Depending on the exact sequence and duration desired some of the outputs are connected to integrators 12-15 which generate a particular waveshape in conjunction with buffers 16-19 as shown in FIG. 2. The particular sequence of FIG. 2 is obtained by connecting outputs A,F; B,H;C,E; and D,G respectively to integrators 12-15. Integrators 12-15 cooperate with the respective buffers 16-19, so that when they are activated, respective lamps 20-23 gradually turn on until they achieve their maximum brightness and then their intensity is gradually diminished until they go off completely as shown in FIG. 2. By leaving some of the outputs such as I,J open, one may provide for a relaxation or quiescent period during which none of the lamps are ON. It is obvious that various effects can be achieved by connecting different lamps to different ring counter output.
Integrators 12-15 and buffers 16-19 are selected in accordance with the desired waveshape or illumination profile of a particular lamp such as the one manufactured by the General Electric Corporation under the designation GE 92. Obviously these elements need not be identical.
One way of implementing the integrator/buffer waveshaping stage is shown in FIG. 3. In this particular configuration one or more of the outputs of the ring counter 3 is/are connected to the inverting input of an operational amplifier 30 through a resistor 33. The resistor 33 is equivalent to the resistors 4-17 of the corresponding ring counter 3. The output of the amplifier is coupled to the inverting input through a capacitor 32. The non-inverting input of the amplifier is coupled to ground through a resistor 31. The values of capacitor 32 and resistor 33 are chosen so that in response to each rectangular pulse from counter 3, the amplifier generates a triangular pulse.
The output of the amplifier is connected to the base of a transistor 34. The emitter of the transistor is grounded. An illuminating device 35 has one terminal connected to a positive voltage supply, and a second terminal connected to the collector of the transistor. Effectively the transistor controls the current flowing through the illuminating device 35.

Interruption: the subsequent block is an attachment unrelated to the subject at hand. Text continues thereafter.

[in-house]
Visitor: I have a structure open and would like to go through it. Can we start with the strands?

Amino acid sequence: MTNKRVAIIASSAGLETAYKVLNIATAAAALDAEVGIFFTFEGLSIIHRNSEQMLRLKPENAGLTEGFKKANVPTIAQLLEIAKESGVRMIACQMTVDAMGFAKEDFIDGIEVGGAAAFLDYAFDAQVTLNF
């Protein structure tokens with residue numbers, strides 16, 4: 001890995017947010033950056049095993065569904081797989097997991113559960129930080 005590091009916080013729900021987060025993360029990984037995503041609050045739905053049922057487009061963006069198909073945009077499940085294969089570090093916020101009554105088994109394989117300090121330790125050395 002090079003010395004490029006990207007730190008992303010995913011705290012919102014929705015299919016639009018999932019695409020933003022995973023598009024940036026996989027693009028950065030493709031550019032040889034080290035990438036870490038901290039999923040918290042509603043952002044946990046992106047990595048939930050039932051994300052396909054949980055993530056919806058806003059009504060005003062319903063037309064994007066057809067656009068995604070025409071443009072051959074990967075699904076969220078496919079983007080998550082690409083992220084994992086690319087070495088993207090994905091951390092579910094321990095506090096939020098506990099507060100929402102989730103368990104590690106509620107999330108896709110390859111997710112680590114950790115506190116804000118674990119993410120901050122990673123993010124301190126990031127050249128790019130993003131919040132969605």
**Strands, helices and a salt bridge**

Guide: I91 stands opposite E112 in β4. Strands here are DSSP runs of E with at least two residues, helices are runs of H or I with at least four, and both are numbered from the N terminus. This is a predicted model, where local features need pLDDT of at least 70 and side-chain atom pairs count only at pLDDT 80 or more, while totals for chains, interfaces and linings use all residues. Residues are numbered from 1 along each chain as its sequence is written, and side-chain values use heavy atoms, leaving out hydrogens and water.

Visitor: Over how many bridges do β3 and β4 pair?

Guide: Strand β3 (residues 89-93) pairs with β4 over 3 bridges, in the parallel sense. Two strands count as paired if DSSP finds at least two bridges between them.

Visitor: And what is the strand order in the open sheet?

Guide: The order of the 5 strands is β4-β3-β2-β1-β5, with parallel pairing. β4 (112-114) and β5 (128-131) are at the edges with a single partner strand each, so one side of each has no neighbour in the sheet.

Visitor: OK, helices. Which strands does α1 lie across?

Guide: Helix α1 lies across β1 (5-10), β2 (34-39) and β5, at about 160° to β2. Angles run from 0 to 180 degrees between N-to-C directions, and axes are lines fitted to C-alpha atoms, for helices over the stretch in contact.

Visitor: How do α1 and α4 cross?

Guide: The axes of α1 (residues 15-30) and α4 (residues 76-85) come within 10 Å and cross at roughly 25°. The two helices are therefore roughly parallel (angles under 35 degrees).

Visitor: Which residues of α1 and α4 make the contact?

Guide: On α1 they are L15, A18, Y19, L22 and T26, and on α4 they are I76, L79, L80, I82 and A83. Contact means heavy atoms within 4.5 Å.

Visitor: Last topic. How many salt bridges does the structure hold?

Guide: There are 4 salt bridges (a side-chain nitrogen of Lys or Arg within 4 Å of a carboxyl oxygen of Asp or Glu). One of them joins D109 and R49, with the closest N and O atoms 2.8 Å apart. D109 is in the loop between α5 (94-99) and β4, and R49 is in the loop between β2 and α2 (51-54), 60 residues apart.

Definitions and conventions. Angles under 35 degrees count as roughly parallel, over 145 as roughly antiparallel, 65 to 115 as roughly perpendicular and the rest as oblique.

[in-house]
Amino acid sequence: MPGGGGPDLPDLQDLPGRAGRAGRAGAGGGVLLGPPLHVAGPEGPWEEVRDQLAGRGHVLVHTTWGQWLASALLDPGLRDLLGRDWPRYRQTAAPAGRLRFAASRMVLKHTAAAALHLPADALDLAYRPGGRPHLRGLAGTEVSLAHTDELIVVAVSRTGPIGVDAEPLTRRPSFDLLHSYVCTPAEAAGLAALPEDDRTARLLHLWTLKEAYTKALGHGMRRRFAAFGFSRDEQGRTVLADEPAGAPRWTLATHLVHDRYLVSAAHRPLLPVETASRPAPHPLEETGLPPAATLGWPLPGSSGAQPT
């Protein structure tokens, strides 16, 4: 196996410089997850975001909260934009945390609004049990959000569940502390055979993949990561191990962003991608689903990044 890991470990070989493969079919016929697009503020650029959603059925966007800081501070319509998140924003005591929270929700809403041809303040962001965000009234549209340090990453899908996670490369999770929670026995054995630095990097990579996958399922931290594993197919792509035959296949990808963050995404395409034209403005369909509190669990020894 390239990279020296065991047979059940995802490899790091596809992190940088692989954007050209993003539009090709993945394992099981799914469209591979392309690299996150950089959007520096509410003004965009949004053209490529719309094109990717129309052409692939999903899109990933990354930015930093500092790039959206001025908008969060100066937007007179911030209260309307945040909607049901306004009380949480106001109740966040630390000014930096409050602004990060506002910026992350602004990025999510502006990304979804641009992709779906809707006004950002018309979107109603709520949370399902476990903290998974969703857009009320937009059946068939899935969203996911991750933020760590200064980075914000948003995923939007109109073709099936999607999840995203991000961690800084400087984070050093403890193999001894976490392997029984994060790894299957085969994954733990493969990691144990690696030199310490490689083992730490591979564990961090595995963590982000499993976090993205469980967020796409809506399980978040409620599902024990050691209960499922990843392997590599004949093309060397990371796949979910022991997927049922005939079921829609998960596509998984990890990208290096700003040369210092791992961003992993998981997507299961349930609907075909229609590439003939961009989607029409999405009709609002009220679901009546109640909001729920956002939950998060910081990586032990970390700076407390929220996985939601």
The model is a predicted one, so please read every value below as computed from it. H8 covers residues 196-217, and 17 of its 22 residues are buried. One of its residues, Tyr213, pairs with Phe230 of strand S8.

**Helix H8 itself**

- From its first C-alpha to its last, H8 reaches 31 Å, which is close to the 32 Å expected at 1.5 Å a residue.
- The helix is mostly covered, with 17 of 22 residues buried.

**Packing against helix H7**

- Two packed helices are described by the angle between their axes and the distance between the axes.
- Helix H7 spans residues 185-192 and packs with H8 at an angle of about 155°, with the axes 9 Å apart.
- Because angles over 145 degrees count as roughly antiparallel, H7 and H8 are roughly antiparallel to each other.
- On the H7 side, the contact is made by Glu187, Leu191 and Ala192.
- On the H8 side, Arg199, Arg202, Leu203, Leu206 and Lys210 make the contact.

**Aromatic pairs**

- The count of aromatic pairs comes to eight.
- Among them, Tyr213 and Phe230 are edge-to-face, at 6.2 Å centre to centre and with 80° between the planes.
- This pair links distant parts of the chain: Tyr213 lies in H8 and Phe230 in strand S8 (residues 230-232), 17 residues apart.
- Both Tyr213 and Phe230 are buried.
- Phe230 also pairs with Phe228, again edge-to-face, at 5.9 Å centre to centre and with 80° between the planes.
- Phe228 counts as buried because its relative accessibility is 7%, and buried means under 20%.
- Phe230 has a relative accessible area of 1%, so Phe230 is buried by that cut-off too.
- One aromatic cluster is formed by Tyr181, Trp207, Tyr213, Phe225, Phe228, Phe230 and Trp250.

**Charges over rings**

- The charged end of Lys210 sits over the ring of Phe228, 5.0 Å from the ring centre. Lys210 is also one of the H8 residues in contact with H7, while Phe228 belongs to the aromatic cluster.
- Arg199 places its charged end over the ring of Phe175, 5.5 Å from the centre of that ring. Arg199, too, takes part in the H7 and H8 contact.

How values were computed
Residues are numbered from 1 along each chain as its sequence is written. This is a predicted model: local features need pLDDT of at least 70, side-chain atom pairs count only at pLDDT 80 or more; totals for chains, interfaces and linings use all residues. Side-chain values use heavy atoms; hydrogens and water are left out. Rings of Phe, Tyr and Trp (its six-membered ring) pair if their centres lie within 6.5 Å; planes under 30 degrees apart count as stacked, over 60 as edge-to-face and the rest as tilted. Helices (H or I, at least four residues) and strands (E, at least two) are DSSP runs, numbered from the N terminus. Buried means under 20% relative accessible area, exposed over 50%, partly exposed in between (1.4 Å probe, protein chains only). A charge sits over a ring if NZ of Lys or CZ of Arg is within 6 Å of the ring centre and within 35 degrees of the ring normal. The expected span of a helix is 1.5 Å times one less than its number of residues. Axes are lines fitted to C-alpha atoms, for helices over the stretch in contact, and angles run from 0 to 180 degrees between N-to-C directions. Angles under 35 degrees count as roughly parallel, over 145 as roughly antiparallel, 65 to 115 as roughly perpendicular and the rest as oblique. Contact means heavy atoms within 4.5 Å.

The circuit of FIG. 3 operates as follows. In response to a rectangular pulse from counter 3, the amplifier generates a rectangular, or possibly, trapezoidal pulse, i.e a pulse having a gradually rising leading edge and a gradual decreasing trailing edge. This pulse is fed to the base of the transistor. Initially, as its base voltage increases the transistor enters in its active region whereby its collector-to-emitter current is proportional to the base voltage. Thus the collector-to-emitter current increases, and subsequently the light emitted by device 35 increases in step with the base current. This process continues until the transistor saturates, at which point the device 35 reaches its maximum intensity. This intensity is maintained until the transistor base voltage drops below its saturation level and the transistor again enters its active stage. In this phase of the operation the device intensity again follows the base voltage, i.e. the amplifier output, until the transistor shuts off. Thus device 35 functions in accordance with the waveshapes shown in FIG. 2. Device 35 could be an incandescent lamp, a neon lamp, a light emitting diode or any other similar device.
FIG. 4 shows how the above-described circuit is used to illuminate a work of art. In this figure, a block 40 of a translucent or transparent material is mounted to a base 42. Within the block 40 one or more zones or planes 44 have been imbedded which may have a different density, index of refraction and/or color than block 40. Base 42 also serves to house the circuit of FIG. 1. Preferably the components of the circuit are normally hidden from view to highten the effect of the work and increase its aesthetic appeal. Bulbs 20-23 (only bulb 22 is shown) are arranged and disposed in the base in a manner so that their light output is substantially propagated into block 40. The changing intensities of these lights are reflected by block 40.
Obviously the invention could be implemented in numerous ways by one skilled in the art. Furthermore numerous modifications may be made without departing from the scope of the invention as defined in the appended claims.